Craig May 13, 2011 at 12:33 pm

I have nothing to add – your wisdom is so on target Sharon – as always – and I am just admiring the exchange of wisdom between people I heart. God bless you.


A. May 13, 2011 at 1:00 pm

This is very, very helpful, all of you. There is such healing in just hearing the wisdom and some or all of it from personal experience. It is hard, too, I find to forgive in a sense when the person (abuser) is still living, still a part of one’s closer world I think Michelle is wise to stay away since she can. Jesus slipped away from the crowd that meant to harm him. I am learning that sometimes I can walk away and sometimes I have to stay but with healthy boundaries-and I am still learning how to do the latter because each situation that presents is a bit different .

I am helped here, too, by the comments about forgiving in the absence of being asked for forgiveness. I have pondered that for a few years. What has been shared here makes sense.


Craig May 14, 2011 at 3:34 am

I just heart having you around A. That is all :)


Melissa May 15, 2011 at 1:30 pm

Perfect timing. My pastor spoke this morning about bitterness and hate as the opposite of what God wants from us. The bottom line is that we have all been hurt, though some more than others; whether we love or hate is our choice.

I think it’s hard for us, sometimes, to have full comprehension of God’s forgiveness. It’s so foreign to our own nature! I’ve found that the only way I can forgive someone who hurts me, though, is to remember how much I’ve been forgiven through Jesus.

Thanks for your comments on my blog. Thanks for reminding me, too, that I disabled comment moderation but didn’t edit my “Leave a comment” text. It might have been early, but you saw my mistake, not yours. :)


Melissa May 15, 2011 at 7:07 pm

I should say that “… sometimes, the only way I can forgive ….” Minor hurts are easy enough to forgive. A few years ago a friend hurt me deeply, though. As I wept, I remembered how God has forgiven me, and that enabled me to forgive my friend.


Craig May 15, 2011 at 1:46 pm

Melissa – so true – love or not love it’s our choice – moment by moment. Thank you for that. And it is so good to note – where in the past I’ve been forgiven – not just by God – but by people – for something I refuse to forgive. God bless you Melissa – and thank you.


Melissa May 15, 2011 at 7:08 pm

Excellent point, Craig, about where we’ve been forgiven by others for the same things we refuse to forgive. That’s a tough one to swallow, isn’t it?


Debbie May 16, 2011 at 2:12 am

Thank you, Craig and everyone! This all helps me tremendously to keep to the road of forgiveness. Whether asked to forgive or not .. .I have to and want to. Living with unforgiveness just doesn’t work. Please pray for me to do as He desires in all of this! God bless you for providing such a wonderful place to share and talk and learn!


Craig May 16, 2011 at 12:42 pm

And I guess we don’t need to rush and tell the person they are forgiven – if they don’t want to hear it. But yup – we have to forgive – no way around it. I just finished praying for your sitch. God bless you Deb.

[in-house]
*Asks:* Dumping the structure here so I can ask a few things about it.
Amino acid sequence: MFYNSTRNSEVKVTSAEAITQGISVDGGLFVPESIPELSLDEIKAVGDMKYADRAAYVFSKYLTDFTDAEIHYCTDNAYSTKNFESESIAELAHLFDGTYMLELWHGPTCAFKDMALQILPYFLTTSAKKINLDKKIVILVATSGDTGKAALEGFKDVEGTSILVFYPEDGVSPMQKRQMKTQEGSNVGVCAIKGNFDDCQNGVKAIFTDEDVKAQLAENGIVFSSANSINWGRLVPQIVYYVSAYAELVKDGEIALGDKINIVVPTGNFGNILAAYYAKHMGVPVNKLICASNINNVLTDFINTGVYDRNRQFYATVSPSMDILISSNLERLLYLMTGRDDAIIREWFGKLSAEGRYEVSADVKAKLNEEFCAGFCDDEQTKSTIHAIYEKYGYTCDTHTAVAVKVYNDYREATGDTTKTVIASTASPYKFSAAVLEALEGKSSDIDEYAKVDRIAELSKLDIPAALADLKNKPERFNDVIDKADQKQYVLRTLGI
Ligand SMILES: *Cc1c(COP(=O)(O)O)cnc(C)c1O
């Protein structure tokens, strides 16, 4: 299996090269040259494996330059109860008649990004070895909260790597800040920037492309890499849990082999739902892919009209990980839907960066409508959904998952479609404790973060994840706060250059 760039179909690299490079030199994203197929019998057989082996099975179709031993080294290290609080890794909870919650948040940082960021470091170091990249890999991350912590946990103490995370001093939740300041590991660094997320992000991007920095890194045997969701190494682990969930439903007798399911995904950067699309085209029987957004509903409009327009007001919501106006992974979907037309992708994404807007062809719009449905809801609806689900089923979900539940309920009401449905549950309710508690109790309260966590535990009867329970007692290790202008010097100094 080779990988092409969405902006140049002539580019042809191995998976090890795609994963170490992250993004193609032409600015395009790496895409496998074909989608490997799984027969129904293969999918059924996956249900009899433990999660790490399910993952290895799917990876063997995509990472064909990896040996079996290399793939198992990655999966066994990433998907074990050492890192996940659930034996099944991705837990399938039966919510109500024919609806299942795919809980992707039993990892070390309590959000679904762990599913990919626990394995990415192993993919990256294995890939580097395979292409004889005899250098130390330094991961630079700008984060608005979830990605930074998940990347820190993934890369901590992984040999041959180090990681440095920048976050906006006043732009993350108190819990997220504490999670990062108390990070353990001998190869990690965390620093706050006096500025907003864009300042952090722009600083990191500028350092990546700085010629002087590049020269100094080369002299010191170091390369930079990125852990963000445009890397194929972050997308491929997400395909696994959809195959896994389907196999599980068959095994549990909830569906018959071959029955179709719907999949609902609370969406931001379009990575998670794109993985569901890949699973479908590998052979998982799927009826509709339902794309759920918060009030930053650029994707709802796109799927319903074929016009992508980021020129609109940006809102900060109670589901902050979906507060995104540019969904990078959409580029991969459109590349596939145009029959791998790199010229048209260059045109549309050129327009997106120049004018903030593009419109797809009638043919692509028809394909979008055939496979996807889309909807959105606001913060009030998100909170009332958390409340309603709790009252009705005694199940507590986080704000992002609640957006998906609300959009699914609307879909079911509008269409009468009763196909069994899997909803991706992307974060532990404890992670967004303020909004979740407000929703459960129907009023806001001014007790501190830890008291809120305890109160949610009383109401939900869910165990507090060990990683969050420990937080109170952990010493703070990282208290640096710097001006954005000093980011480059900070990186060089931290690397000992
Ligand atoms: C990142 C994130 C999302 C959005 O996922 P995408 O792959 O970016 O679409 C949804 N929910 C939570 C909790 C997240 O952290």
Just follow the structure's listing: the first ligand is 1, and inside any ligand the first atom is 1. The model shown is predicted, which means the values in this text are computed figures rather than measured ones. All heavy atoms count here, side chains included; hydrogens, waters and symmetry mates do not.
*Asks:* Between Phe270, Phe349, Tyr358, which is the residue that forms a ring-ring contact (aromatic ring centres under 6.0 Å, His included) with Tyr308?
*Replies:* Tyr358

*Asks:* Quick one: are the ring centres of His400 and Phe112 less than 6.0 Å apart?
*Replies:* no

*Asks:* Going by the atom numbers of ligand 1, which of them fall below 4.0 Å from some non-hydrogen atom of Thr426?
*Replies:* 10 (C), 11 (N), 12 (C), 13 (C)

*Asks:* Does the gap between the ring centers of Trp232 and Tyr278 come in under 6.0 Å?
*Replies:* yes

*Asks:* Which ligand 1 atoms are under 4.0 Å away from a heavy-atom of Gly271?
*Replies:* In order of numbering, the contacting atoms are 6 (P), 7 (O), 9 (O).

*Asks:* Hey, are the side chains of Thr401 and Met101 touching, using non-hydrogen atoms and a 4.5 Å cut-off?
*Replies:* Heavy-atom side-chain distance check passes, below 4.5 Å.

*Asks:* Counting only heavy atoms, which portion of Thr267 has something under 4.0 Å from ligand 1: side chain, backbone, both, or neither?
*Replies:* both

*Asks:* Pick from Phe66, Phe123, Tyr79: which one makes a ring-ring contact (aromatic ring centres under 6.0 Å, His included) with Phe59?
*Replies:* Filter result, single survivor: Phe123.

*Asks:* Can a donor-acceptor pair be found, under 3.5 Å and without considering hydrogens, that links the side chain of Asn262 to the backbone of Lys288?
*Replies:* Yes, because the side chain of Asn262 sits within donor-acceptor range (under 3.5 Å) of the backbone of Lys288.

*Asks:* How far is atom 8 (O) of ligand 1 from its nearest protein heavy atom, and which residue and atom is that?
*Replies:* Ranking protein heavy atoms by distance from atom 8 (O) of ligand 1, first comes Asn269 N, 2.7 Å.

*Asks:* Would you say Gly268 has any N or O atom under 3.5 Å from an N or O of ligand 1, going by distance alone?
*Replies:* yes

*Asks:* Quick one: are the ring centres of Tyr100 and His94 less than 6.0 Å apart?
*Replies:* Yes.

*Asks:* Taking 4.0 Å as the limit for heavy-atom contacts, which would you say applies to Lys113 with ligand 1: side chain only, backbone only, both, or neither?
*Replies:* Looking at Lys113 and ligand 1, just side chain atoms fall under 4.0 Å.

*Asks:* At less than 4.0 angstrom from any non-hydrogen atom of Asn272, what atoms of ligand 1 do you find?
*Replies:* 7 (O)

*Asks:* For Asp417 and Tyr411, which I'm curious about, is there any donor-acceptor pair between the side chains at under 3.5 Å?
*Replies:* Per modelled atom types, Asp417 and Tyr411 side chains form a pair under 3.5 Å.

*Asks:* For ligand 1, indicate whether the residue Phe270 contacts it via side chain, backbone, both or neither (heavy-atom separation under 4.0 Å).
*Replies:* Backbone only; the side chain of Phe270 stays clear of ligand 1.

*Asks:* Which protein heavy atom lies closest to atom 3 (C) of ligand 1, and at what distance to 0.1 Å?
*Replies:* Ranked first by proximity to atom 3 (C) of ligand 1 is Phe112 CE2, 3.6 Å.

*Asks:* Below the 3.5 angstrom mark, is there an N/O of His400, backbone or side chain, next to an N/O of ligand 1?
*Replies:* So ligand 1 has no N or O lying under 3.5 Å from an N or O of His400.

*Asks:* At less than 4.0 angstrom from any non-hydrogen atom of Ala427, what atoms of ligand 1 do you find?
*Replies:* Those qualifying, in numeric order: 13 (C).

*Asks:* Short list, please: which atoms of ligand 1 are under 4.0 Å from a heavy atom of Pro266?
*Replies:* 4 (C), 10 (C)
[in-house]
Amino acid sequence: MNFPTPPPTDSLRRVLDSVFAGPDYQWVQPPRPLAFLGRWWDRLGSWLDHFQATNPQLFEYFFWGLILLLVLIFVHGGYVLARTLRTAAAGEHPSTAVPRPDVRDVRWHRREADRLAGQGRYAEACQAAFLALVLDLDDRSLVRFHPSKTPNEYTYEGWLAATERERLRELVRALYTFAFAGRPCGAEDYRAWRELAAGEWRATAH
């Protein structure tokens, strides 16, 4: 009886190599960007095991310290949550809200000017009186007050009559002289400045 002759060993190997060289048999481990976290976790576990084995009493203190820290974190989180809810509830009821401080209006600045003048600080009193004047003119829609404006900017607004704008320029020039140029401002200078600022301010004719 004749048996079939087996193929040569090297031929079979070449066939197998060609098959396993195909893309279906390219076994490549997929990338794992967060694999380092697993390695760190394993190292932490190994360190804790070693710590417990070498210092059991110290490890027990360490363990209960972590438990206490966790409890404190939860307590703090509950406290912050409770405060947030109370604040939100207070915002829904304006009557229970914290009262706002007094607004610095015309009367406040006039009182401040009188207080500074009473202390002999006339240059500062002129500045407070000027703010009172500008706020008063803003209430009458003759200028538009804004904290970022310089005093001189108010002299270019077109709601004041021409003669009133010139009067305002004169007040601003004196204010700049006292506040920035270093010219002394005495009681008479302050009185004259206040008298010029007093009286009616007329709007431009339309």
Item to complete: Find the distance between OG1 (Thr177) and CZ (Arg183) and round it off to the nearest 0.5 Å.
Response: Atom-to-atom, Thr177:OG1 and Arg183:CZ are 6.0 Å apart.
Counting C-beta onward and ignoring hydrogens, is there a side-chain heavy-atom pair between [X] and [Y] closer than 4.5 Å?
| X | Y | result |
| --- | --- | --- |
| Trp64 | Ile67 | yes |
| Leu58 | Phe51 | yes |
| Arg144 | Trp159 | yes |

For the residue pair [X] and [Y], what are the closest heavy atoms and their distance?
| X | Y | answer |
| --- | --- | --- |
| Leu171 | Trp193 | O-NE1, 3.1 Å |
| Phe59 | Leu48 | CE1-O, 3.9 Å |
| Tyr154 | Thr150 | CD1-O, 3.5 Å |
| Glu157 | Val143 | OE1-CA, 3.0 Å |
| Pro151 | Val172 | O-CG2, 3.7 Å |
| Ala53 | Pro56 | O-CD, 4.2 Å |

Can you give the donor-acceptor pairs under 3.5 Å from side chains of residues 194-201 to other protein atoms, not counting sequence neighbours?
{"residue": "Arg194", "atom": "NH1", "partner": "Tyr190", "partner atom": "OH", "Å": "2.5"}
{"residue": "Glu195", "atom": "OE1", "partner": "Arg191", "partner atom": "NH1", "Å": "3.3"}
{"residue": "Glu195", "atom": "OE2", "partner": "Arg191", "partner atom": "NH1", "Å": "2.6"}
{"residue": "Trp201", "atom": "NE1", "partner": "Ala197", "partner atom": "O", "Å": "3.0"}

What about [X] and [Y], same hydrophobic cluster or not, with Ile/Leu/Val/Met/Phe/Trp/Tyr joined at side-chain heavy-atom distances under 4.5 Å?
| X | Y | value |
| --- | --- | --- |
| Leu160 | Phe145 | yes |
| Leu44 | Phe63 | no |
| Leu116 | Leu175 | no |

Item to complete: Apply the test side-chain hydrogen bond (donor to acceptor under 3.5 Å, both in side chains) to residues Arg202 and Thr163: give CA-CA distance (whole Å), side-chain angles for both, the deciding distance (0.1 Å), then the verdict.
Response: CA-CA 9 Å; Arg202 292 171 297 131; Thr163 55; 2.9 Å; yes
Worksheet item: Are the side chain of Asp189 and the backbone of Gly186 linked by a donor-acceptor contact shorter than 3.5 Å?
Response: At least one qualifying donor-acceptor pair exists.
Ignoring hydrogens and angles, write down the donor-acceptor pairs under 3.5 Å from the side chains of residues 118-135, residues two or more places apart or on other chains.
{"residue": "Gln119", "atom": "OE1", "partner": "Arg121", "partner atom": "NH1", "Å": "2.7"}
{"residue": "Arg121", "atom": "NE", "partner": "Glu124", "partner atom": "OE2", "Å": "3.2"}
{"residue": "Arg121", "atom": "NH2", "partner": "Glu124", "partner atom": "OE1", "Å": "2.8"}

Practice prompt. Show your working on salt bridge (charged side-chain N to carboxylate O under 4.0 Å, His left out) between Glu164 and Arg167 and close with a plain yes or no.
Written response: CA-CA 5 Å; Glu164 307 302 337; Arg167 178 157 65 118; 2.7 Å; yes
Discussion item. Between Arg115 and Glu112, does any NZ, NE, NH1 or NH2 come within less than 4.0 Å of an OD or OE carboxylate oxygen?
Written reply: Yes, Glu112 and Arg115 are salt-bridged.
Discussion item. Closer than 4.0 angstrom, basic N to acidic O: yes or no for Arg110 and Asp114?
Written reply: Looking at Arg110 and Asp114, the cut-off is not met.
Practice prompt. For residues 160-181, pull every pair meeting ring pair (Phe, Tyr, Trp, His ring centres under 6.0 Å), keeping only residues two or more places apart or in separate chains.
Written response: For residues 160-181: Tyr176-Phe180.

Elizabeth August 10, 2011 at 10:19 am

Your post, a blessing as always.


Craig August 10, 2011 at 2:58 pm

… And I seriously mean this Elizabeth – It can’t have been any more of a blessing than your comment. Thank you! God bless and keep you!


Alyssa Santos August 10, 2011 at 11:03 am

Do you think that the issue of forgiveness is such a tremendous battle for all of us because of simple fact that we all need forgiveness and we all need to forgive and it seems like this impossible task of repair that we aren’t capable of entirely? Old hurts, childhood wounds, character assassinations — these are deep and scraping deep to remove them seems surgical. The process of forgiving ourselves and others takes our willingness and even steps or counseling to achieve but the real ingredient, the real blotting out, the true eraser is the spirit of Christ. He came to seek and save that which was lost and his Spirit, through believers, is doing the same thing — seeking out and saving lost lives and relationships. The complete package of forgiveness is incomplete without the Holy Spirit.


Craig August 10, 2011 at 3:03 pm

Alyssa, your comment is so profound, and so deep – I kind of don’t want to dishonor it with a reply. Just kind of a nodding of the head. But you can’t see me nodding my head – so I’ve written these words ツ.

There has only been one unforgivable person in my life and Our Lord honestly did the forgiving for me – because one day I was full of unforgiveness – and the very next – and since then – it’s been more compassion toward the person – and sadness that he is the way he is – than anything else. Only God does something like that.

And I so agree – without the Holy Spirit – the package forgiveness is incomplete. we’re human – we can’t forgive as God forgives – without God. I truly enjoyed reading your comment Alyssa, thank you – thank you very much. And blessings to you too!


Lisa notes... August 10, 2011 at 12:29 pm

So, so very thankful that we are asked to forgive and are so often forgiven. As broken as the world is, it would be far more so without the oil of forgiveness. Thanks, Craig, for another encouraging post.

My daughter’s wedding went great on Saturday! It was a beautiful day, and I barely cried at all (on that exact day). ha.


Craig August 10, 2011 at 3:06 pm

I heart how you phrase that Lisa, “the oil of forgiveness”. Forgiveness keeps things moving smoothly. I imagine this is mostly true in a marriage – I can only imagine it – but I guess it to be true. And I’m really glad your daughter’s wedding went great! And I can’t believe you didn’t cry much “on that exact day”. But I’m guessing what you’re saying is that were plenty of tears before and after “that exact day”. No?